# Letter to Editor: Winstein and Zurek reply

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and , Kavli Institute for Cosmological Physics, The University of Chicago, Chicago, IL 60637, USA and Fermi National Accelerator Laboratory, Batavia, IL 60510, USA
Published June 26, 2009  |  Physics 2, 54 (2009)  |  DOI: 10.1103/Physics.2.54

We agree with Martin Israel that, to resolve the discrepancy, both experiments need to work to be sure that the systematic uncertainties are correct. Still, we conclude that the evidence for a prominent feature in the spectrum has been cast in serious doubt. And since our Viewpoint appeared, the HESS team has released a measurement of the ${e}^{+}\phantom{\rule{0}{0ex}}{e}^{-}$ flux in the energy range 400 GeV – 5 TeV [1], overlapping with the Fermi result. HESS and Fermi agree (on the lack of a feature), each with very high statistical significance. It is possible that both HESS and Fermi have treated their systematics incorrectly, causing each to miss the feature observed by ATIC, but the evidence at this point is leaning in the direction of Fermi and now HESS: there is no prominent feature in the 400–800 GeV range. As Israel points out, the most crucial systematic uncertainties involve the behavior of the calorimeters, and those of Fermi and ATIC have relative strengths and weaknesses. Experiments with high statistics are generally better able to probe unforeseen systematic uncertainties than are those with low statistics. We, along with Israel, look forward to having these discrepancies resolved by the experiments in question.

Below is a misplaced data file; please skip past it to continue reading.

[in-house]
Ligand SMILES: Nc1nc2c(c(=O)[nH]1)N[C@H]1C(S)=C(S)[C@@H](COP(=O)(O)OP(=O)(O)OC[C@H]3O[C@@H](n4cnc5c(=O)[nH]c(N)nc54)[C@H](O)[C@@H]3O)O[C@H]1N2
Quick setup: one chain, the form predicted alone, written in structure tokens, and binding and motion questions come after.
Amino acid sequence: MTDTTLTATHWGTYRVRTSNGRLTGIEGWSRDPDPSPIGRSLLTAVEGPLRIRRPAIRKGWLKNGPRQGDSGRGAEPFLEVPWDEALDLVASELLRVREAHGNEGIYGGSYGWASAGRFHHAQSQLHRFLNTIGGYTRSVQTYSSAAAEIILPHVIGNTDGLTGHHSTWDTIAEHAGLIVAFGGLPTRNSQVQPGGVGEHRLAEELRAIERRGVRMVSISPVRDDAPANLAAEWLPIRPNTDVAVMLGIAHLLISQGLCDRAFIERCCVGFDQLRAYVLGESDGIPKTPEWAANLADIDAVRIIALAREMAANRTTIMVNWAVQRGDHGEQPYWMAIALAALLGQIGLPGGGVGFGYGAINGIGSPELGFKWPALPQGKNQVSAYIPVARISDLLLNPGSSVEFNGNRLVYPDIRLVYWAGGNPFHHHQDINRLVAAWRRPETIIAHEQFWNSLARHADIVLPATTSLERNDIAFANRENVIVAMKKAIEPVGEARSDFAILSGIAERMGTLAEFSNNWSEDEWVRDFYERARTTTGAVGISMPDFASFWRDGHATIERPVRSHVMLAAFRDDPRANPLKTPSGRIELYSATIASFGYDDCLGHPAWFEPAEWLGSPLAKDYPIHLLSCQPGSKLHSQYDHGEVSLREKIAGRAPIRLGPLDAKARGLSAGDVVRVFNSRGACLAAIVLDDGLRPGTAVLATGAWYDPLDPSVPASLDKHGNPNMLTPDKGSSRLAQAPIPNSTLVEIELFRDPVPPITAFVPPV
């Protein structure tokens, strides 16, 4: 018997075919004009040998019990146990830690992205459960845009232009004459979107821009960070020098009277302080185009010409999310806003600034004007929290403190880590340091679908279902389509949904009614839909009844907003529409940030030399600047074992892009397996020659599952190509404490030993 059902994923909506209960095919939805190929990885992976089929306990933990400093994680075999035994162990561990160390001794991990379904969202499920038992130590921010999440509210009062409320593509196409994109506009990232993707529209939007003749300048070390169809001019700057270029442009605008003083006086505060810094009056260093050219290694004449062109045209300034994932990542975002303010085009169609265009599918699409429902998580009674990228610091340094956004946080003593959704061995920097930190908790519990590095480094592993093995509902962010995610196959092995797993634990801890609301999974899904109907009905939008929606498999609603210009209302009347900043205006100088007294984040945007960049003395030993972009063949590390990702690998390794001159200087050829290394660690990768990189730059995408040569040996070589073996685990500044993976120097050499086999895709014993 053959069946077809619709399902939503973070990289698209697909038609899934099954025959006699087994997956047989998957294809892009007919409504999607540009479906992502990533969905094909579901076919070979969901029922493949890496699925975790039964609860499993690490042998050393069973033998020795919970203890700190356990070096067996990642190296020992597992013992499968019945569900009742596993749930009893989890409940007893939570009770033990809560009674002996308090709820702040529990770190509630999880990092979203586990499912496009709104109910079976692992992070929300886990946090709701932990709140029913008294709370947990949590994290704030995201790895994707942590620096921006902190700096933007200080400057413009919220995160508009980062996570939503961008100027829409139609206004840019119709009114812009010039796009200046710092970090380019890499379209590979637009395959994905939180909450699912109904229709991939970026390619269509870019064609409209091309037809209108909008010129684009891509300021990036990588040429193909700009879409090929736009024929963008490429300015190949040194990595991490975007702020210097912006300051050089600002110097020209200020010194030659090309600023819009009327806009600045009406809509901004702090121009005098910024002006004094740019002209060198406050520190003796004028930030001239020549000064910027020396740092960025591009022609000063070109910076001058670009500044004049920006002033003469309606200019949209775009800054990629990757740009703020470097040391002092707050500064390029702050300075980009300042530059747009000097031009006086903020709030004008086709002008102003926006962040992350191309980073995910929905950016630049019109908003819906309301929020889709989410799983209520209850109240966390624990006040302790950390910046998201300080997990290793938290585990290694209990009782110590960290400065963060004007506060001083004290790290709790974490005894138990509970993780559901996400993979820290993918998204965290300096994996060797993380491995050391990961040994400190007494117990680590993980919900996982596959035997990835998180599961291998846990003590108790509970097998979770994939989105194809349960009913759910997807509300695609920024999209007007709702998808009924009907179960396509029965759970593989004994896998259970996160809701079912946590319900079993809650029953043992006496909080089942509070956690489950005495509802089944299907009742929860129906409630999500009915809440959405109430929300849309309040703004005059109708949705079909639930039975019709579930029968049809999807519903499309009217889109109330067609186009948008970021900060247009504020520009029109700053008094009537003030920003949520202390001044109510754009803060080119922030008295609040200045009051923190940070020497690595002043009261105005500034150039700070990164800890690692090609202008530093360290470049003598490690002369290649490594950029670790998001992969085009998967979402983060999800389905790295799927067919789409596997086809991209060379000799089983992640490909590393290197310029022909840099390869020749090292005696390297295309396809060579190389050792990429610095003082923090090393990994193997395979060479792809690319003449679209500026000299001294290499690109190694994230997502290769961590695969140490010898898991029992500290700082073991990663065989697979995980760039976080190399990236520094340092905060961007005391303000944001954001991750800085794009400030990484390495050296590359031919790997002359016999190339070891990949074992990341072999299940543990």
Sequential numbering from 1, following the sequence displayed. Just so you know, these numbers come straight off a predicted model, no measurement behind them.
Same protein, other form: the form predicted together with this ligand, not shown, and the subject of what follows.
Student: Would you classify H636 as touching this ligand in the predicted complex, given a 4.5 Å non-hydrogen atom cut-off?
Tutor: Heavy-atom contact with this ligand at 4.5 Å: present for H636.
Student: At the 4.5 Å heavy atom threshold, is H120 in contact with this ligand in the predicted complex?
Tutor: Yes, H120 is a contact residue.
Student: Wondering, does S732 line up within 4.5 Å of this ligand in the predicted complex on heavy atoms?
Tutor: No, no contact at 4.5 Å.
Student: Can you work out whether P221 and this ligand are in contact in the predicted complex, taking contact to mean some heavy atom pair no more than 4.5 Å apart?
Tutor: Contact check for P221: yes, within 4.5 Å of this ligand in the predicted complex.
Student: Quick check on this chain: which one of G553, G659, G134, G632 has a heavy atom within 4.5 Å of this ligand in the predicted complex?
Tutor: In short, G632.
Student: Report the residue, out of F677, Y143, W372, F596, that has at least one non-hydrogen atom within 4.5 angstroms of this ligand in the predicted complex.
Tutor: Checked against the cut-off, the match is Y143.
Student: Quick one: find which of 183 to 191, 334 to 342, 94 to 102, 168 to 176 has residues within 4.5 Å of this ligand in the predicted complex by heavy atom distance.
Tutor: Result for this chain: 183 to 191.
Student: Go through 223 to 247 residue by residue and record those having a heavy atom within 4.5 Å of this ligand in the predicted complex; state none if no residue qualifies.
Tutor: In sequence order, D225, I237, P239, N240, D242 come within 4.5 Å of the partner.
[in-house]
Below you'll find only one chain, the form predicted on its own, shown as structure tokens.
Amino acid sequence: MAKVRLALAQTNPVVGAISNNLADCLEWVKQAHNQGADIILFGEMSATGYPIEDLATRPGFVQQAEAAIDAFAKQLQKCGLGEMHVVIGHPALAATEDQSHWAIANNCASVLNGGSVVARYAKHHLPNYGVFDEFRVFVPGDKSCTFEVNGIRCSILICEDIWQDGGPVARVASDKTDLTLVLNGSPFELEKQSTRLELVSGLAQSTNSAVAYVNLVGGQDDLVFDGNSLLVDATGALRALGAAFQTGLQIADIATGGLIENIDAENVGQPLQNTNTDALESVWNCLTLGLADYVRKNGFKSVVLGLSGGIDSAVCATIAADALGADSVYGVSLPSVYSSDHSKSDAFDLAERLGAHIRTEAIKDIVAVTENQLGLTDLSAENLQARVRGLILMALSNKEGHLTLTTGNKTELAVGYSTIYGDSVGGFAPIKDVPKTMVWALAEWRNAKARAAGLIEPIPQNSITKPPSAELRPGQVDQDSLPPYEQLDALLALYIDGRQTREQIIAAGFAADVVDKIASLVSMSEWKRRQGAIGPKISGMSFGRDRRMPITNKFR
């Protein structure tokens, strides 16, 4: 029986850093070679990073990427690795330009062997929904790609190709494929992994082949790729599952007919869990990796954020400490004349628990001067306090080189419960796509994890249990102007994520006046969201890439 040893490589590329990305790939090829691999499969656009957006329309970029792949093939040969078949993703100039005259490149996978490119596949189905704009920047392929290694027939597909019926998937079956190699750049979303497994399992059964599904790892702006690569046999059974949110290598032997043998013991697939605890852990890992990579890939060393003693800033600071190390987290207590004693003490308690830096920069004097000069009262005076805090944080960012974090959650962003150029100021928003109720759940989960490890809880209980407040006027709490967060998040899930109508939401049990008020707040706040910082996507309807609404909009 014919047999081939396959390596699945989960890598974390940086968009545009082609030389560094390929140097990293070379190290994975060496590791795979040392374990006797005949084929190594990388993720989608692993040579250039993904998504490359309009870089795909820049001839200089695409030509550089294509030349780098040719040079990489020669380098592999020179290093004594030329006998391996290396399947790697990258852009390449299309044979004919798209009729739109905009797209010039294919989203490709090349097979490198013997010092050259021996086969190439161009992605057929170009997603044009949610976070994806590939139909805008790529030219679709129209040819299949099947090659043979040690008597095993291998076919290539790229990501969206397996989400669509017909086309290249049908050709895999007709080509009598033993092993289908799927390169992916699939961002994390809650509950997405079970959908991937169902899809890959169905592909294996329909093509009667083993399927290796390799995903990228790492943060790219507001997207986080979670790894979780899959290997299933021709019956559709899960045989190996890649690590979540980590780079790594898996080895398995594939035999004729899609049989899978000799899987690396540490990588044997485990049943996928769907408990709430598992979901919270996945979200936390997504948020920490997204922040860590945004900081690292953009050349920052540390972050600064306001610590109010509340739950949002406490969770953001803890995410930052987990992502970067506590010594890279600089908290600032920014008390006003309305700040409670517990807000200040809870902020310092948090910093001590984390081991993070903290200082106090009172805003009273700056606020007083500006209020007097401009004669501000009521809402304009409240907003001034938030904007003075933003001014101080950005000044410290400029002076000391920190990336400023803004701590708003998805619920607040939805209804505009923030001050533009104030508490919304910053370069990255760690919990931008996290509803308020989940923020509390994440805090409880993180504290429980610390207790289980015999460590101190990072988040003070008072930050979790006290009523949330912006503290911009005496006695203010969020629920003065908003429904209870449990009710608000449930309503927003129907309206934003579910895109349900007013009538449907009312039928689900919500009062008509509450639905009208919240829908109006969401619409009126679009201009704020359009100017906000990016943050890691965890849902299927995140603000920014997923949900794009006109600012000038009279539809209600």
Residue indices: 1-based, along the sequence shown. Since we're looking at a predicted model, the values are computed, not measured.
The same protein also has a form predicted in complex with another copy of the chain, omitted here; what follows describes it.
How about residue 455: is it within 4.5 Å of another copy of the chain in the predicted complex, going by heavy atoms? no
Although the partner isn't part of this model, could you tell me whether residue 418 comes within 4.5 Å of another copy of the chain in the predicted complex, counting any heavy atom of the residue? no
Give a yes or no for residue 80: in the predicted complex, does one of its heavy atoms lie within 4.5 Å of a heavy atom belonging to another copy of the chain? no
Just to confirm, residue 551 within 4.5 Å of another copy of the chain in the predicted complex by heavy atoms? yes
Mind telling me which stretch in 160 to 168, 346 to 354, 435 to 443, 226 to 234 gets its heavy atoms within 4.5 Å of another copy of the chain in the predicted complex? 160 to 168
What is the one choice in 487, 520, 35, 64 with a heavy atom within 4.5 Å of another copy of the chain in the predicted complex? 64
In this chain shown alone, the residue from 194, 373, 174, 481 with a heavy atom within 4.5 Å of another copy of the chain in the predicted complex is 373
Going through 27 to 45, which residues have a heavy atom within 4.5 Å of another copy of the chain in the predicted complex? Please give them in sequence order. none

### References

1. F. Aharonian et al., arXiv:0905.0105 (2009).